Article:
With a small senior class, having Tate and Ryan in that small group was set to make a huge difference for the Dragons. 


“We’ve had years in the past where we had six or seven seniors but they weren’t leaders like these two were,” Maynard said. “I never had to worry about a thing with Derek and Lance and that makes high school sports enjoyable.”


Maynard, Tate and Ryan are a pretty natural fit. Maynard is pathologically competitive, regularly telling players he wants to win more than anyone and Tate and Ryan couldn’t have been a more natural fit. They regularly begged to go on scouting trips with Maynard, eager to find any edge in the next game. 


“It’s different when you see it in person — when you play, you know what to expect,” Ryan said. “You know how the batter swings the bat, how they play. What you put in is what you get out of it.”


Tate and Ryan have gotten a lot out of it too. They were both managers as eighth graders on the last Dragons squad that advanced to the state finals, the 2016 group that upset Turner Ashby in the state semifinals, so they were in the dugout for one of the most impressive wins in program history. They made contributions early in their careers with Ryan pointing to Tate’s first varsity home run , and really broke out as juniors with Tate becoming the squad’s No. 2 pitcher behind Reilly Owen while Ryan emerged as a crucial corner infielder.


Both are capable of shutting down opposing lineups and can also hit for power at the plate. The Dragons have struggled in the last couple of years to hit generally, but they’d worked hard to remedy that issue and showed signs of their explosive potential last year like a late April 14-3 explosion against rival Madison County that included four Monroe home runs, two by now junior Hunter Powell and one each from Owen and Ryan.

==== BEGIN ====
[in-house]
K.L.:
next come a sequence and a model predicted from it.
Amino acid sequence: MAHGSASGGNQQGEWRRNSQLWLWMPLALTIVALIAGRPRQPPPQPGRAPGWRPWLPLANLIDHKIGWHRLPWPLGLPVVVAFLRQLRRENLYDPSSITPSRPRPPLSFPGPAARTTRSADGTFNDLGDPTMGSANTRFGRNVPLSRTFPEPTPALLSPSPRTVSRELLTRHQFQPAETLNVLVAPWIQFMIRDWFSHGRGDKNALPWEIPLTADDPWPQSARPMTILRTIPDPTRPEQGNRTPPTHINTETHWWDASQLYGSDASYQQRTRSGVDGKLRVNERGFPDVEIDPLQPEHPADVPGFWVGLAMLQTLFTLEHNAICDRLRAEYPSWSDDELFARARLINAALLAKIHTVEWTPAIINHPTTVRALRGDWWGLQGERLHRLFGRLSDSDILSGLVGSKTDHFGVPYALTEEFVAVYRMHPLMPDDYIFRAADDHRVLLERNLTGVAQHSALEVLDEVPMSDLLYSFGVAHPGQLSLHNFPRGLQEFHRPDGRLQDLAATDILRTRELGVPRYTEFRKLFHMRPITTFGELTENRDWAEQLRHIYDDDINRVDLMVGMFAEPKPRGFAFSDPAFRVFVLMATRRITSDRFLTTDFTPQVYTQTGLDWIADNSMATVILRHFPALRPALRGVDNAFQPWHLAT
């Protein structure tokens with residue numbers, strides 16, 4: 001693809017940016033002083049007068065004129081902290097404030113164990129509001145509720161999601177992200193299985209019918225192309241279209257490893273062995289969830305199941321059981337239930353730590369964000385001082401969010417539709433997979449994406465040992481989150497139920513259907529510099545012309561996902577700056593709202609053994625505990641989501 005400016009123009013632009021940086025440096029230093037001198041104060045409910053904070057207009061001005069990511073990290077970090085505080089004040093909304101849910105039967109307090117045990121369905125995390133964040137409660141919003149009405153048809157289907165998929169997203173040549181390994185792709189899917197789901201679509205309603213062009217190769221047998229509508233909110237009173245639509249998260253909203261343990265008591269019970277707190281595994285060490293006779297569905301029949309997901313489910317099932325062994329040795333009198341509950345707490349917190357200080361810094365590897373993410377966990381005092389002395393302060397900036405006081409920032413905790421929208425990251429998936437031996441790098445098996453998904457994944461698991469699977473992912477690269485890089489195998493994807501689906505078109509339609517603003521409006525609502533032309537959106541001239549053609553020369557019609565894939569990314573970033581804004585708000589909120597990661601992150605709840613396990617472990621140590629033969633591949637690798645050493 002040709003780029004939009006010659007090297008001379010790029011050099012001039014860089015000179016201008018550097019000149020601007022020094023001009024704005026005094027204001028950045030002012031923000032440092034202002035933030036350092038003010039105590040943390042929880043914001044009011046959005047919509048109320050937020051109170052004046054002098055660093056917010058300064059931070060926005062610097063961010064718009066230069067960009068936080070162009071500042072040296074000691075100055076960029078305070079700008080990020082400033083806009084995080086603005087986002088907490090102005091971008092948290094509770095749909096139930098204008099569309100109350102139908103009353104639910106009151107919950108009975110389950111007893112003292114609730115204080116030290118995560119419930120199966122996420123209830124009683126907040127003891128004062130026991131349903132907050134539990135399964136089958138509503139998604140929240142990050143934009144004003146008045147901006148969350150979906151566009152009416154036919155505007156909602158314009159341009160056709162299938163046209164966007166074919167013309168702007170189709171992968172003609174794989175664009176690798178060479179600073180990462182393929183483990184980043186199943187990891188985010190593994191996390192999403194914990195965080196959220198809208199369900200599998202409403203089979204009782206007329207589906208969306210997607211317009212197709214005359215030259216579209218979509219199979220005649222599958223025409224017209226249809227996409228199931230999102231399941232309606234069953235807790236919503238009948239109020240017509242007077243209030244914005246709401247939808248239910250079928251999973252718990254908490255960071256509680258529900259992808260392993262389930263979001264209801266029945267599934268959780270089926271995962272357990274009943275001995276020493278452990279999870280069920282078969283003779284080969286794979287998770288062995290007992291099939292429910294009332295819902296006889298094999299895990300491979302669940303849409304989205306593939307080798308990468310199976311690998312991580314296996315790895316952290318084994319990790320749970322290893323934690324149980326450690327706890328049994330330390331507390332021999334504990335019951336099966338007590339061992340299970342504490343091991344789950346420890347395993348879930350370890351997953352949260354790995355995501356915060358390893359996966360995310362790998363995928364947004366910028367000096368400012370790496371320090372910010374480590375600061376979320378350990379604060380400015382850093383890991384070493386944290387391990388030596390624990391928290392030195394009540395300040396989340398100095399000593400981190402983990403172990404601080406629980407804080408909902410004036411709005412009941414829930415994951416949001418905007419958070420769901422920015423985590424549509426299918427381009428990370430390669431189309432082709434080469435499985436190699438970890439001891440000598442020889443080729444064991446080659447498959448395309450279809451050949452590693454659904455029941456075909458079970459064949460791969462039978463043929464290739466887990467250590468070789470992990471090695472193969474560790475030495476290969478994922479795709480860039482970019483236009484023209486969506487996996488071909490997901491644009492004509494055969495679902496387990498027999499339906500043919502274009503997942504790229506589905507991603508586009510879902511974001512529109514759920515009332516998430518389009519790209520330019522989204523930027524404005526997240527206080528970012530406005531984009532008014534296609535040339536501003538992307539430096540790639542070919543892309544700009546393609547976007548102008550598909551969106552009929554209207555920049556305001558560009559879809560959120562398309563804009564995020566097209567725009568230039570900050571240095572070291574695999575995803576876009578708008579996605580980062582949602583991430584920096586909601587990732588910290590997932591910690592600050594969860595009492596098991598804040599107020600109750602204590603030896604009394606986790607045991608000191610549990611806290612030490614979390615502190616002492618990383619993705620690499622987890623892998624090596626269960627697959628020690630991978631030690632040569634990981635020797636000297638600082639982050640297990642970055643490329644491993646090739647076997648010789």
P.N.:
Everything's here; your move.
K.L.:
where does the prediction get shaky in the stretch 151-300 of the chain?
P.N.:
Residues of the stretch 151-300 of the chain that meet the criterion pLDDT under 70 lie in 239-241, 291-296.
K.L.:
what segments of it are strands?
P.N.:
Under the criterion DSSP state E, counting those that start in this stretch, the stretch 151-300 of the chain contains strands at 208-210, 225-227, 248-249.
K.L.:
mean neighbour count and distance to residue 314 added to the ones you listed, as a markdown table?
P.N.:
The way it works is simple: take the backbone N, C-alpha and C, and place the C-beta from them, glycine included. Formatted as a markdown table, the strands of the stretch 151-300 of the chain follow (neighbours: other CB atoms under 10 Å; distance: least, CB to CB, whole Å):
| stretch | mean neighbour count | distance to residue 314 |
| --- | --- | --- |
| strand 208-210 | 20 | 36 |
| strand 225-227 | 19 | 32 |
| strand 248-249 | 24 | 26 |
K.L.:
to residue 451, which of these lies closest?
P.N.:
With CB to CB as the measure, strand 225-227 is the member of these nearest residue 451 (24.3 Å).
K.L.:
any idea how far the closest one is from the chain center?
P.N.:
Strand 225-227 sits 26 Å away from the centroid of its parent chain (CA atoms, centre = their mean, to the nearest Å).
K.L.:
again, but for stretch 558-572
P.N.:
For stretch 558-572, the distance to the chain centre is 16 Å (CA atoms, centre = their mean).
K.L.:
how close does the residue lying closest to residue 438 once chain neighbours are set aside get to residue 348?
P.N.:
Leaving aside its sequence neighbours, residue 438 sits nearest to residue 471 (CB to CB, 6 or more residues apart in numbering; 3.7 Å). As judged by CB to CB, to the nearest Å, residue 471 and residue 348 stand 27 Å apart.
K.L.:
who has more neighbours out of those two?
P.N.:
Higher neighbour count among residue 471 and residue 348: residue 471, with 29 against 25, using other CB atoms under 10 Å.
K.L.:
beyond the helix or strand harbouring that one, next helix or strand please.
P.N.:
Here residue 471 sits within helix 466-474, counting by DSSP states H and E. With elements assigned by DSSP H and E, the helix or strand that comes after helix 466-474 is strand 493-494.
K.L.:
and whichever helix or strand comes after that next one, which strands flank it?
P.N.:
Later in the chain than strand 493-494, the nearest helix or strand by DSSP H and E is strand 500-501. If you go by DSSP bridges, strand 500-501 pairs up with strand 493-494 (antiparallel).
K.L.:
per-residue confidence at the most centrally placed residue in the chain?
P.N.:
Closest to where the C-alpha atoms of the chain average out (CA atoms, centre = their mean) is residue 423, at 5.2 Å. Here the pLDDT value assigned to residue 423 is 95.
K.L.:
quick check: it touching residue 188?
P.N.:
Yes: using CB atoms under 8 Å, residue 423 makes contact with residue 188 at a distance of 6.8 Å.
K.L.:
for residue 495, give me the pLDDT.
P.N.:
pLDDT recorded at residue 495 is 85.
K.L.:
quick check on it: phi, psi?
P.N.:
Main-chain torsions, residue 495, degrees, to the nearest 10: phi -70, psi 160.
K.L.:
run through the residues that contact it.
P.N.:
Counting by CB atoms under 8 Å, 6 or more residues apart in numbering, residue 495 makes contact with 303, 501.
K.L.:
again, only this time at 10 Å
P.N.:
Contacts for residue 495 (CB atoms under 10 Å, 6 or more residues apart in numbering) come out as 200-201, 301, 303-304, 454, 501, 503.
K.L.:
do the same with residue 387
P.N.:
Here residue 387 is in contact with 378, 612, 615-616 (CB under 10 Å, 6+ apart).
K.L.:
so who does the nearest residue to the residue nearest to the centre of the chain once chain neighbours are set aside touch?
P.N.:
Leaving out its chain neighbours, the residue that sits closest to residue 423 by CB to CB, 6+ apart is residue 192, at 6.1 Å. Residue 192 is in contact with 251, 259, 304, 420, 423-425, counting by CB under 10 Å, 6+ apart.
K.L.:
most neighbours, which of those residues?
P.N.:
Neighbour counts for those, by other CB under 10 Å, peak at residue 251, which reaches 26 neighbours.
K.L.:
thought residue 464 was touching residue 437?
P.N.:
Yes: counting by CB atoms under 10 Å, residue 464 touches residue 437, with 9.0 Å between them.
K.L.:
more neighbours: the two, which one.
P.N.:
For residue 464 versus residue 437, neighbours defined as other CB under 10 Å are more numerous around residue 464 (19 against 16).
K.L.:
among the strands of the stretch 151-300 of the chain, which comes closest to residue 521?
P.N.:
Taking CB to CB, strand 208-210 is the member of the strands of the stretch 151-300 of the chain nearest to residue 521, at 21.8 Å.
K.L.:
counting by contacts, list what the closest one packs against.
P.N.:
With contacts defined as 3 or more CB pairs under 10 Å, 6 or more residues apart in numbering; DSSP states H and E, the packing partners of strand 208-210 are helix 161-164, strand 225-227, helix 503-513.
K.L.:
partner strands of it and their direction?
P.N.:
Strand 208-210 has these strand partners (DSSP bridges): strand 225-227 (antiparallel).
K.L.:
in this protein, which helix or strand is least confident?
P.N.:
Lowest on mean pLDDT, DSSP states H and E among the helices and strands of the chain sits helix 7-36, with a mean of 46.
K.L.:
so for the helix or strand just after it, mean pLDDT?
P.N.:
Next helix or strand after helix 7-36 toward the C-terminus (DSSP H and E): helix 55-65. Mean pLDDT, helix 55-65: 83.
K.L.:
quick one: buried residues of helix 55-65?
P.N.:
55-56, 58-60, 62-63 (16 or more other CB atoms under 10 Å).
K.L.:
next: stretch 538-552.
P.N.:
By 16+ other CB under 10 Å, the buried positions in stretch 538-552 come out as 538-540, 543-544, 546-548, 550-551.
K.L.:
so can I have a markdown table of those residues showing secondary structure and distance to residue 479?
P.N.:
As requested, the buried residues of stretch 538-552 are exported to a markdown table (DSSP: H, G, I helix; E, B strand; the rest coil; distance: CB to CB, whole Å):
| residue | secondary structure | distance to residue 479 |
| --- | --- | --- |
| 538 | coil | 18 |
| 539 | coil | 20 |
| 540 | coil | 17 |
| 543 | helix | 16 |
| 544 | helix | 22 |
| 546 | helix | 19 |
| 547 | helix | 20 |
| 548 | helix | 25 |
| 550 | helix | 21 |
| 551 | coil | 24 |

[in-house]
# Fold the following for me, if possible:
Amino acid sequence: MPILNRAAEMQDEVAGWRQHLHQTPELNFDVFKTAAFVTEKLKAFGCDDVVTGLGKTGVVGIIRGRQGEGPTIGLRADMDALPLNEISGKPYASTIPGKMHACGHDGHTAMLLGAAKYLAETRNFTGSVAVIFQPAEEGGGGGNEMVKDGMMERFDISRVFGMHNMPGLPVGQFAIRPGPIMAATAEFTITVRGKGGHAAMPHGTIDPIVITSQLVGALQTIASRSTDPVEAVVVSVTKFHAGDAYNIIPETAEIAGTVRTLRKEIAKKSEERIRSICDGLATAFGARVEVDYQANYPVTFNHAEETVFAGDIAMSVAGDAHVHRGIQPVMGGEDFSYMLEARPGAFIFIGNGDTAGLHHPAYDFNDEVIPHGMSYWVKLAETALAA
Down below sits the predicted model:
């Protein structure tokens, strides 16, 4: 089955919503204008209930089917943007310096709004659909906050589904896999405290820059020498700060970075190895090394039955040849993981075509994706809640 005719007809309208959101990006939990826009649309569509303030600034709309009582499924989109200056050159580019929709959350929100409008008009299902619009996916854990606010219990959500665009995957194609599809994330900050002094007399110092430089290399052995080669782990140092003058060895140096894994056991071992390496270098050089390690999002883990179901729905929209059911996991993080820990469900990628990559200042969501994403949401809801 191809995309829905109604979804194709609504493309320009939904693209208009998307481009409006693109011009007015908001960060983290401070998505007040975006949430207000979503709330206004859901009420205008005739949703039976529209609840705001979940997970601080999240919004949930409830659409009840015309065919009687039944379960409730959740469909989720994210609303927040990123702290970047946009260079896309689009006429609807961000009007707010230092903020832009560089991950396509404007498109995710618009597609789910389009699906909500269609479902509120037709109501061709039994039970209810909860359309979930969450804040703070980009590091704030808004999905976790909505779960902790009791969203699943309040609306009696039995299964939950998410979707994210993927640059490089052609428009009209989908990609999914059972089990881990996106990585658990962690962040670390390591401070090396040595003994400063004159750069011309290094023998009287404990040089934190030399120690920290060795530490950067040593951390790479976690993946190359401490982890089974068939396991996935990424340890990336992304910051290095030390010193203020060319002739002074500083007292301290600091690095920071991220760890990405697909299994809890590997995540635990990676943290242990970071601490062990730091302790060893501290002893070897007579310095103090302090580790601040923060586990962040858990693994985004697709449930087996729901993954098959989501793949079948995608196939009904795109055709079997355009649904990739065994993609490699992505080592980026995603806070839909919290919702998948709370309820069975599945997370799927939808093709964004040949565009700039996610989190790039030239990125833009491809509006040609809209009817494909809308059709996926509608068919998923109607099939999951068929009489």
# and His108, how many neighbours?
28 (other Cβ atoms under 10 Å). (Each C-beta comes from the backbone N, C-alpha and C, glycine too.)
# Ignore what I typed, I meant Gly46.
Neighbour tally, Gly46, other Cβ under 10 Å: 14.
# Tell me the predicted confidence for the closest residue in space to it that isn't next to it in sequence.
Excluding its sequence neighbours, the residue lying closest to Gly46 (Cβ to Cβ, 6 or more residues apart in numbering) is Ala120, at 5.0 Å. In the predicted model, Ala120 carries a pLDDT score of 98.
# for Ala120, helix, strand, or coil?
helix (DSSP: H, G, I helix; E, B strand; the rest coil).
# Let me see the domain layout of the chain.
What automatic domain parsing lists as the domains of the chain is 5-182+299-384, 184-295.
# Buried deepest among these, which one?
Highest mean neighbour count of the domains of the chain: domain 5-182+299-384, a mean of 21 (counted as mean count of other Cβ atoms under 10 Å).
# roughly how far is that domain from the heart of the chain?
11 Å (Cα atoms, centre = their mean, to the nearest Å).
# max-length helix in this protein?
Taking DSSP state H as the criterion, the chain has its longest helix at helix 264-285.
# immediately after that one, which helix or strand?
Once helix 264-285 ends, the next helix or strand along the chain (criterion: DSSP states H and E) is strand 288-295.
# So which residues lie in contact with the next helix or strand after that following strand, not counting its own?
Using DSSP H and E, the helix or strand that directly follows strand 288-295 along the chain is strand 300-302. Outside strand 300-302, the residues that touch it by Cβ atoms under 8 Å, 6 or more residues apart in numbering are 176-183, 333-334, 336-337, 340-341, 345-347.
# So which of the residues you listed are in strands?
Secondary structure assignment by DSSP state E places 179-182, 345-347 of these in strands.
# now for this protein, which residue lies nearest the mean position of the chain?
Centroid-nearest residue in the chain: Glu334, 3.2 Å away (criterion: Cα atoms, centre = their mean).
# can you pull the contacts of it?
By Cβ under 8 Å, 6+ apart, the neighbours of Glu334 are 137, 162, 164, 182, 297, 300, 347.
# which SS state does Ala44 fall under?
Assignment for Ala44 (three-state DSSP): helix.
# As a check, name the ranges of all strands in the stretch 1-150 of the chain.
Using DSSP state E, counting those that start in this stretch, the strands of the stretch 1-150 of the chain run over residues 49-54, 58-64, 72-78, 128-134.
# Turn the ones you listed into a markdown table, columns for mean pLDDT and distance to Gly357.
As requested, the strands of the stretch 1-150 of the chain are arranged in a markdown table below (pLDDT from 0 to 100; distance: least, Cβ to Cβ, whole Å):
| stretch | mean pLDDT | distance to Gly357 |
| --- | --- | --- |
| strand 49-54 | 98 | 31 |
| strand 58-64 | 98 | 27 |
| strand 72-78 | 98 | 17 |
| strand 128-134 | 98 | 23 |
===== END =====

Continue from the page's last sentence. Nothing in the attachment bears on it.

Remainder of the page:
“The ball was flying that night,” Ryan said. 


While the Dragons won’t get the chance to realize that potential on the field, Ryan and Tate have a lot of baseball ahead of them. They’re both refocusing now on college and the chance to contribute at their respective programs. Both found an element that felt like home at their respective choices and now they can lock in on those new goals.


“You’ve just got to make the best of it, you can’t dwell on it,” said Ryan, who is spending more time now working on his family’s farm while also getting his baseball work in. 


You can’t dwell on things because there’s work to be done. Where hard work can take you is the lesson that both seniors have absorbed from their time at Monroe. And that lesson has forged some lasting, special bonds throughout the team.


“It’s really a brotherhood, everybody likes each other, everybody talks to each other,” Tate said. “Some days we’ll go through a bad day but we always fight through it with each other.” 


Tate may have absorbed that from the program, but he and Ryan also helped create that approach through their leadership and their presence day in and day out.


After all, when you do everything together, it’s not just easier. Most of the time, it’s better.